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The Military Tradition in Caithness:Part 3-Battlefield Baptism-Givenchy,1915


It was universally greeted with a great shout of public rejoicing. In Berlin, London, Vienna, Paris, and Moscow people took to the streets in an outpouring of patriotic fervour. Expected for years, all but pacifists looked forward to it with breath-arresting anticipation. From pulpits in mean village churches and great cathedrals alike, preachers of every denomination solemnly gave thanks to their God for giving them this sacred hour. The date was August 4th, 1914 - the First World War had begun.

In accordance with long drawn-up plans, mobilisation notices were sent out to members of the Territorial Force throughout Britain, ordering them to report to local HQ. Emergency railway timetables steamed into operation. On station platforms at Wick and Thurso crowds of cheering Caithnessians, decked out in Sunday best, waved flags, blew kisses and wished God speed to the local heroes, off to free Belgium from the Hun's iron grasp. In truth, the Caithness Territorials were bound only as far as Invergordon, where they were needed to protect the naval base from a German invasion.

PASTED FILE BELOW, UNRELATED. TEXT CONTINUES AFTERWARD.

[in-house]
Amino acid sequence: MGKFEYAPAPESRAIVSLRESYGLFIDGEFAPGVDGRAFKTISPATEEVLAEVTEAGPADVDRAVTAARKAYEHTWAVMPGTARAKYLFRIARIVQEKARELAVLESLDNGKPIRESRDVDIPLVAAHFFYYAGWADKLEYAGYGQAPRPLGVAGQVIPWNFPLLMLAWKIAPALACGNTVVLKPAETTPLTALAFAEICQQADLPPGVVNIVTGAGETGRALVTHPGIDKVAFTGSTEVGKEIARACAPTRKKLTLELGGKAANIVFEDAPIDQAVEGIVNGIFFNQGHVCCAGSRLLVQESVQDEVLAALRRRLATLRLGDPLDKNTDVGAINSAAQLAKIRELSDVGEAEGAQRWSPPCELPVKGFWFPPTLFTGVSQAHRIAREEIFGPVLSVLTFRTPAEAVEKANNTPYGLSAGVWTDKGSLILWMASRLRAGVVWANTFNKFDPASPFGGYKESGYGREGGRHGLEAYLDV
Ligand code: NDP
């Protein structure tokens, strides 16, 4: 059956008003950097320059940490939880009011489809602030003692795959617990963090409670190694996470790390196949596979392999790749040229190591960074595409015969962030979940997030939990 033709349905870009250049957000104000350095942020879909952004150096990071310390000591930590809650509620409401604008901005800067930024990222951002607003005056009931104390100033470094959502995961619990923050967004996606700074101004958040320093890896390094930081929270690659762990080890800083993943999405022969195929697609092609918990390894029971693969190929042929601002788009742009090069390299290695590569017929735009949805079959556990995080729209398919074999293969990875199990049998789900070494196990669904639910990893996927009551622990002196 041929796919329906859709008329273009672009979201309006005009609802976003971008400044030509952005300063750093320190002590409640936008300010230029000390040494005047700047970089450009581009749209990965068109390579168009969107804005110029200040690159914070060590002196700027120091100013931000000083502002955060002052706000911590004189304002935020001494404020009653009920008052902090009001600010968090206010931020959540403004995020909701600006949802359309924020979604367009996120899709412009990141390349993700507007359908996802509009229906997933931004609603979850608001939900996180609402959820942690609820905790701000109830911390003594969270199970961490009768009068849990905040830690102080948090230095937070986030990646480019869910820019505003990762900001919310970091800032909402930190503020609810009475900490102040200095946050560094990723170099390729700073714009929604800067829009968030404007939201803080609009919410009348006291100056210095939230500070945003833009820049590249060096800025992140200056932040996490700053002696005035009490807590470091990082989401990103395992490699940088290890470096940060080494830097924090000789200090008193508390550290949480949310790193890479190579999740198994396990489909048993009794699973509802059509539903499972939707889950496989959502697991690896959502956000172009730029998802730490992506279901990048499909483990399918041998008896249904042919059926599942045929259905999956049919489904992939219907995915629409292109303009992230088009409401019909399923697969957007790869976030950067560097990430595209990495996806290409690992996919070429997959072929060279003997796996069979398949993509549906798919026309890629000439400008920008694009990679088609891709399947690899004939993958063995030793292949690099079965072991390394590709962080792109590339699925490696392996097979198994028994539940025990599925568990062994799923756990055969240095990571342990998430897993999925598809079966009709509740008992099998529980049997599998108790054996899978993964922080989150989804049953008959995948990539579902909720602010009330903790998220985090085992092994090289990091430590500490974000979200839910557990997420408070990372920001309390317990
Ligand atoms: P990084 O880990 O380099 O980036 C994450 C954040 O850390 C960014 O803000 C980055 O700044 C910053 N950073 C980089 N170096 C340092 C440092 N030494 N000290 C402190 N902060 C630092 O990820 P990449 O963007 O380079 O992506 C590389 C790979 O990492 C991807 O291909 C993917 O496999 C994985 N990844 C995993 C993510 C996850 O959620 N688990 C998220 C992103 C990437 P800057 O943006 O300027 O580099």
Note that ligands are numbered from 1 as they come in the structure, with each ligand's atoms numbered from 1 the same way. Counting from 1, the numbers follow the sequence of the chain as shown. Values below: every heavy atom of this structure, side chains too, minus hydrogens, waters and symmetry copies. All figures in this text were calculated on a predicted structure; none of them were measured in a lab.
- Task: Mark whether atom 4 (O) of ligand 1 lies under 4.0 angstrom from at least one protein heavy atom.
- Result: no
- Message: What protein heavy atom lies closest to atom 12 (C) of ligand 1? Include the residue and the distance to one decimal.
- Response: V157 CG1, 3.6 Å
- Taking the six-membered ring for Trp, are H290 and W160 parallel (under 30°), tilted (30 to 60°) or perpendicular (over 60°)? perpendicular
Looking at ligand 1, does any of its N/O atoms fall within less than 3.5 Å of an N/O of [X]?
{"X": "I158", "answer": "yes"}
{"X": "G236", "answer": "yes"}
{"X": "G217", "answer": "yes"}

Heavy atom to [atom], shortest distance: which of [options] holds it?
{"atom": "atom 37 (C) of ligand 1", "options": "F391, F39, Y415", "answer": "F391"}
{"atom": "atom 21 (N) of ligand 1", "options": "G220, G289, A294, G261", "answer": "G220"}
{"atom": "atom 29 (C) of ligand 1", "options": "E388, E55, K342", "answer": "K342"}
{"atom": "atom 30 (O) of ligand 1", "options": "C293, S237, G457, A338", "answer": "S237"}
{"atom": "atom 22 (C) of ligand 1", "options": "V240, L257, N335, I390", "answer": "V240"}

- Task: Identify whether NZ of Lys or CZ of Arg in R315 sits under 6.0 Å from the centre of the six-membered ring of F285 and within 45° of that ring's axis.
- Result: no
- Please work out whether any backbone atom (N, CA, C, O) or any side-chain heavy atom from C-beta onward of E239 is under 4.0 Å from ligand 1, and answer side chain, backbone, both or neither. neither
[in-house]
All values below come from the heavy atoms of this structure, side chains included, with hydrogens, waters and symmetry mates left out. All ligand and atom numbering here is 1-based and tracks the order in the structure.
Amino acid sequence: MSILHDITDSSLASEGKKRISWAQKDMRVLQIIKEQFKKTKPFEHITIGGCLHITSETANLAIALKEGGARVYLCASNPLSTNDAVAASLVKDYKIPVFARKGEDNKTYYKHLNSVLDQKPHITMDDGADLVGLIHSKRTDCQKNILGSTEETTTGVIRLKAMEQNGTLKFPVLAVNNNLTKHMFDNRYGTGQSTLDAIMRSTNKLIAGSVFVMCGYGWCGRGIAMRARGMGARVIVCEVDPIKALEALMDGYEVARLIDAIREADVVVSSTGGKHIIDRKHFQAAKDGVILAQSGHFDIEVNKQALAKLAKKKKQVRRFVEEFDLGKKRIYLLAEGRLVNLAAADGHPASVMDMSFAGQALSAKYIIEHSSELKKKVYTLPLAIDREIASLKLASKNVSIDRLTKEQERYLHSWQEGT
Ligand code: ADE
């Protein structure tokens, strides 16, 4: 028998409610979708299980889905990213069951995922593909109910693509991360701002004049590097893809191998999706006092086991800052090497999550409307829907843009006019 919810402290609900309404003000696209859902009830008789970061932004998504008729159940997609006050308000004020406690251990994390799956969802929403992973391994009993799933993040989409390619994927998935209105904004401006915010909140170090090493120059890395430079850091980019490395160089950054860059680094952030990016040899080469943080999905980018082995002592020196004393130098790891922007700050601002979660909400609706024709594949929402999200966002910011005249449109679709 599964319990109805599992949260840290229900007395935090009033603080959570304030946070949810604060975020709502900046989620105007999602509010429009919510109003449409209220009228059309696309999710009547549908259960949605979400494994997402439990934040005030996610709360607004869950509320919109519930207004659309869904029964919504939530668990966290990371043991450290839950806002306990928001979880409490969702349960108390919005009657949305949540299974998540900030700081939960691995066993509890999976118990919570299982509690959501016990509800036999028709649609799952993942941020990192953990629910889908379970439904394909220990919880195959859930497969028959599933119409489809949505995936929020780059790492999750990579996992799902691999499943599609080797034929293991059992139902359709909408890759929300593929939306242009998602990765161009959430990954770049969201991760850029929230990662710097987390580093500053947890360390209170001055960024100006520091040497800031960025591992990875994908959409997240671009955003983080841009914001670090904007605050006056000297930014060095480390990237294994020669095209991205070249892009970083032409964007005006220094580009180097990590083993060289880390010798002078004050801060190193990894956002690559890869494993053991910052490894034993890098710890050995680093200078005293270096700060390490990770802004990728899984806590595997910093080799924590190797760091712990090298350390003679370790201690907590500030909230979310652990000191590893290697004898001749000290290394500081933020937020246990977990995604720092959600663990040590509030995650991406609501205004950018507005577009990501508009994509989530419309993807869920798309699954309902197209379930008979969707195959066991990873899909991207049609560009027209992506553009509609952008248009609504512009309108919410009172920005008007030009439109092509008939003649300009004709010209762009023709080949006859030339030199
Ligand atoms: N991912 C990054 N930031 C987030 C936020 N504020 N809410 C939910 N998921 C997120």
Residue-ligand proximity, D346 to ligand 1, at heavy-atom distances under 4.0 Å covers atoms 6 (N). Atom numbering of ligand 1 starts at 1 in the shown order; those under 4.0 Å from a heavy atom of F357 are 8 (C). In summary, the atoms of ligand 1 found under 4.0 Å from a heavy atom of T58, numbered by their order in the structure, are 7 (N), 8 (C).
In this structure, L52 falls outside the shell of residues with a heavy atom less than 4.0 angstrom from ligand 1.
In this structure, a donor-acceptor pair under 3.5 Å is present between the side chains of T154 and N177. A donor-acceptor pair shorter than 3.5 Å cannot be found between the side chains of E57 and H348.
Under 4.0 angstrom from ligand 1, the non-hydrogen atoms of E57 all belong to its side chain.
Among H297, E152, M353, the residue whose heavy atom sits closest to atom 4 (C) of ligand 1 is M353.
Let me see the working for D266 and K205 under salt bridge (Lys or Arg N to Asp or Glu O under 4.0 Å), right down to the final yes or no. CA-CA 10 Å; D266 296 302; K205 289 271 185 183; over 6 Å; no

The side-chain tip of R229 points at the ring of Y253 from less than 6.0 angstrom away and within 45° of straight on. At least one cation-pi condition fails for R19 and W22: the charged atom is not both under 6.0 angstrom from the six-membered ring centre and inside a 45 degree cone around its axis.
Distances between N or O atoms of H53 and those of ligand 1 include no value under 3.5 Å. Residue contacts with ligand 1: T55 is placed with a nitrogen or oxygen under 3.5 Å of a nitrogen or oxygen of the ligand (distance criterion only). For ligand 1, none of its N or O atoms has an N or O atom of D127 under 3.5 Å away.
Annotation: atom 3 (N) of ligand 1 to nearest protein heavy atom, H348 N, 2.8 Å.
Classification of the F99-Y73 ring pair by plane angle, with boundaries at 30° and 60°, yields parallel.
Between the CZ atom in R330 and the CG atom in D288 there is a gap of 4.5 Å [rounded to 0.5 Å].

At Golspie eight companies, four from Sutherland (A to D); four from Caithness (E to H), were formed into the 1/5th Battalion, Seaforth Highlanders, a vital component of the Highland Division. With the threat of blisters never far away, the Highland Division set to work fortifying the shores of the Cromarty Firth around Invergordon. They were confident that the British Expeditionary Force, sent to France on the outbreak of war, would rapidly bring the Huns to heel. By Christmas at the latest, it would all be over. First footing 1915 would be no different to any other year. Even a mid-August move to Bedford in deepest Englandshire, failed to alert the Seaforths to the possibility that this could be a war of no short duration, a war in which many, many men would lose their lives. One shrewd man foresaw all this - Lord Kitchener, the stern-faced Secretary for War, who was busily drumming up recruits to fill the Service battalions of his new army.